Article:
For many purposes of use, an advantage is according to the invention obtained by the welding and counter electrodes presenting an annular welding pattern. The advantage obtained is evident in connection with electrodes to be used for weld-cutting of articles from a sheet or a length of material, for welding on of annular articles, and for welding in of separating lines so as to produce tear-up strips or strings facilitating the opening of a packing.
The welding press may advantageously be provided with a depth stop with a high setting accuracy, preferably a setting accuracy superior to ±100 μm, especially superior to ±20 μm, with the result that it is always possible to produce a welding seam of an exact thickness responding to the material thickness involved and the purpose of the welding process. Thus it is possible to perform heat weldings of an outstanding quality even in materials which are difficult to weld, such as polypropylene, and in thin and thick materials as well.
A tear-up string requiring a particularly small amount of material and space can be produced by the welding electrode being of a concave, especially substantially hollowed welding profile. In this connection it is often possible in many situations only to use a single, rectilinear pulse heating wire as counter electrode with the result that the tool has been simplified and is less expensive.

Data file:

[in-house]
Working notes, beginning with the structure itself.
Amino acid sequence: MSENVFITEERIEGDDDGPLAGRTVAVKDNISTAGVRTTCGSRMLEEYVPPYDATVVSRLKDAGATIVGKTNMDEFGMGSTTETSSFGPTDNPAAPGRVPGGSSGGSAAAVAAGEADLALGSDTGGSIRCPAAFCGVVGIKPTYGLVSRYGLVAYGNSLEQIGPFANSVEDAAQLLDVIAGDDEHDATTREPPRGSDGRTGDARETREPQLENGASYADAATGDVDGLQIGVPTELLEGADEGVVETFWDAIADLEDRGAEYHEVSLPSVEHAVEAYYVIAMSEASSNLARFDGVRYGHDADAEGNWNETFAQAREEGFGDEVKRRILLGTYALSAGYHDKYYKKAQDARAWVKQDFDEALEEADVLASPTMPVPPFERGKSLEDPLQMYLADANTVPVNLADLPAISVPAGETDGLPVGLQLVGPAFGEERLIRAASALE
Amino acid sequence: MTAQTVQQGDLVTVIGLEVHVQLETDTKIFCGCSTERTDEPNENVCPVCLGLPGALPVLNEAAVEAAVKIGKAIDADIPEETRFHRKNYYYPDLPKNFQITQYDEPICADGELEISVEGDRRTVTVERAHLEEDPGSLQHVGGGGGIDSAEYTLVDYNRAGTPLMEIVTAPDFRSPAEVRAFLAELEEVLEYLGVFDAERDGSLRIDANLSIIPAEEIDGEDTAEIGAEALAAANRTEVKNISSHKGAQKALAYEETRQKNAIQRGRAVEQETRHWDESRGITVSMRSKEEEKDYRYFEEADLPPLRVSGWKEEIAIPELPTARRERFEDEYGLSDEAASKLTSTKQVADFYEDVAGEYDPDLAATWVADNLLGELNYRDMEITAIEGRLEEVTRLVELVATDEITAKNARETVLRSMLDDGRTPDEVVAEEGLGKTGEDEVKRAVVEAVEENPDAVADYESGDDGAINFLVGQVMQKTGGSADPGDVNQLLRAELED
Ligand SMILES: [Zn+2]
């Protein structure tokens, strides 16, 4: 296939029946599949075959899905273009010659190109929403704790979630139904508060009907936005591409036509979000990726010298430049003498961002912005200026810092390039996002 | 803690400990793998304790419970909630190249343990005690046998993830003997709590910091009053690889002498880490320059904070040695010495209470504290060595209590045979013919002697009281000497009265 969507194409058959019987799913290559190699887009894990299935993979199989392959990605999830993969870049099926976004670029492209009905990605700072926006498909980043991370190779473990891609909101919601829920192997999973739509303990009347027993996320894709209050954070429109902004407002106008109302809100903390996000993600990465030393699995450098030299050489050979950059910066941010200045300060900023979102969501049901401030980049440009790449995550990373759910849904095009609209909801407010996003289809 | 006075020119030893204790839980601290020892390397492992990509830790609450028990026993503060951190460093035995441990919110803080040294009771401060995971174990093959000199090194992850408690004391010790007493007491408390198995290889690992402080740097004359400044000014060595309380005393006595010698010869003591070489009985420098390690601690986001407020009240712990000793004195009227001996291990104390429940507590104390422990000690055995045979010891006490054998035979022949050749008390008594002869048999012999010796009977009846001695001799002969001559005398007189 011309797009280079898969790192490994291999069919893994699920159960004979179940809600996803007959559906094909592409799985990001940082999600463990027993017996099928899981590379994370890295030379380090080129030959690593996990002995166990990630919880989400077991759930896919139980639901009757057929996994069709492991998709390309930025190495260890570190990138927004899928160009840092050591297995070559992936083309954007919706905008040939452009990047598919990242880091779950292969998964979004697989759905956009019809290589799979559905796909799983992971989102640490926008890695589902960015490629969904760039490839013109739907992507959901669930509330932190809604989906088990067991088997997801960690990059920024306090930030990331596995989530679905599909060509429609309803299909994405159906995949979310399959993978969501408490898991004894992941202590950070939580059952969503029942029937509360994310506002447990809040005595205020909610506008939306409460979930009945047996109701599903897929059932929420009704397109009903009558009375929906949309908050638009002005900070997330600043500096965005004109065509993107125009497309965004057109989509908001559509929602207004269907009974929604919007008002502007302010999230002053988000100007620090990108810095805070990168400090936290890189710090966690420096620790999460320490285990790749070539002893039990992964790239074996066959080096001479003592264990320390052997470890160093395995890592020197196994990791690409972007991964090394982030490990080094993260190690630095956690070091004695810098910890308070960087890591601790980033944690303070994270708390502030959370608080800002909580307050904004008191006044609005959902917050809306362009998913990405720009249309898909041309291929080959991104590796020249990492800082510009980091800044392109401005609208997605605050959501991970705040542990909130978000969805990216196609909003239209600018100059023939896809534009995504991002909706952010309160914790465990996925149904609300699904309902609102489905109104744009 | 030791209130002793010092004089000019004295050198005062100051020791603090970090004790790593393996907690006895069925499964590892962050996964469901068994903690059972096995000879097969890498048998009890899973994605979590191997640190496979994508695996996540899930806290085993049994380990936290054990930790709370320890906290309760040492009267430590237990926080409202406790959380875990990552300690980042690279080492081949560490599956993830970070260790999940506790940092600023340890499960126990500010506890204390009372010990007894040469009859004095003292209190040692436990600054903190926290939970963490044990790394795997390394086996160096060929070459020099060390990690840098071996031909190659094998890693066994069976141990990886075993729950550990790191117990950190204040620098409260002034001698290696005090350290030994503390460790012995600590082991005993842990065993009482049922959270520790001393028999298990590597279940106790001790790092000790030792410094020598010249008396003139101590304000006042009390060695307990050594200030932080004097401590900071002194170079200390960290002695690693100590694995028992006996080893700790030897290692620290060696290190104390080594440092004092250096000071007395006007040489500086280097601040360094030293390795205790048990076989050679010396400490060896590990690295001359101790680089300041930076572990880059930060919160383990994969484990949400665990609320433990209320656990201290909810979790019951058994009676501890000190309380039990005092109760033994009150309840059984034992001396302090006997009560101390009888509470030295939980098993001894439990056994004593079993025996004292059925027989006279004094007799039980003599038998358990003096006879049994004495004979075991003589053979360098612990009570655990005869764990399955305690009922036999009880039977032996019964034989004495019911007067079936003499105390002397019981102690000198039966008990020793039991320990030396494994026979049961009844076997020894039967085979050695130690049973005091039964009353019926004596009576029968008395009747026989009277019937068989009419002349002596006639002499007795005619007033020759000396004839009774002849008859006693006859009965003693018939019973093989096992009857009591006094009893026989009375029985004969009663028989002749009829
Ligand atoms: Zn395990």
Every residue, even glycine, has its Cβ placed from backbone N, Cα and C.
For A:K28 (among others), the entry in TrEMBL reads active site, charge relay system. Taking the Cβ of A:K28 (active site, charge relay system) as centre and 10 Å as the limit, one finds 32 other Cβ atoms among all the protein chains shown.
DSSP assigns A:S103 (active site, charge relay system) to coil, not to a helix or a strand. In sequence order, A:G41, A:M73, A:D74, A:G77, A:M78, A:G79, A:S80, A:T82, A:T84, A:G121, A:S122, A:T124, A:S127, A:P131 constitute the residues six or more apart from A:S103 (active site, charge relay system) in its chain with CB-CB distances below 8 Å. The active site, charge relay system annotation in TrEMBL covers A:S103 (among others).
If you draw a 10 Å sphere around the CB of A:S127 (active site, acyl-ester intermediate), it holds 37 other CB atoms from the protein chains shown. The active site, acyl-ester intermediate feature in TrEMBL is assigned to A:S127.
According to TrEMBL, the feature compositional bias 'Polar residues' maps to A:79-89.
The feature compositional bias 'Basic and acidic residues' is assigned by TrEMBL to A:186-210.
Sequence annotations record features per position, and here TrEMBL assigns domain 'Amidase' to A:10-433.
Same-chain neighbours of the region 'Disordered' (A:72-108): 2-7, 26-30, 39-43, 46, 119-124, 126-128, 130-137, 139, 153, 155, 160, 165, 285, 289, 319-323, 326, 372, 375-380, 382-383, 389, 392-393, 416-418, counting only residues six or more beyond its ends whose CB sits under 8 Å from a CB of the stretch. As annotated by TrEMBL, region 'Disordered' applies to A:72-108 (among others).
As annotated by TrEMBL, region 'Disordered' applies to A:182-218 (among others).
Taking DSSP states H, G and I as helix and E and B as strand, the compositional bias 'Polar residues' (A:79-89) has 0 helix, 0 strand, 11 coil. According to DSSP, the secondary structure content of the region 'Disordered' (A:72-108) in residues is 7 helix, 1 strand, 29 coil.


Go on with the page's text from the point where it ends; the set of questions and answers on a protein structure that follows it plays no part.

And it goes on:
The used pulse heating wire presents advantageously a linear temperature/resistance ratio and is of a cross section of approximately 4 mm times 0.1 mm corresponding for instance to a 3 mm broad welding electrode, said pulse heating wire further comprising an active zone extending maximum 5 mm beyond the corresponding end restrictions of the welding electrode, whereby the pulse heating wire is coppered or shaped in another manner outside the active zone so as to possess a high electric conductivity. In this manner a reliable control of the temperature in the pulse heating wire is obtained by means of the regulator, and the limitation of the active zone so as substantially to correspond to the dimensions of the welding electrode ensures achievement of the necessary heating exactly in the welding area, but not outside said area.
A particularly simple and inexpensive counter electrode is obtained by the pulse heating wire(s) being kept to the fixing plane and electrically insulated both relative thereto, mutually, and outwardly by means of tape.
In order to facilitate the alteration of the structure of the counter electrode, the pulse heating wire(s) may be secured at the ends to slide mountings by means of wire stretchers, said slide mountings being displaceable in guides along the side edges of the fixing plane. In this manner it is possible constantly to keep the pulse heating wires stretched and to easily move them by a displacement along the guides.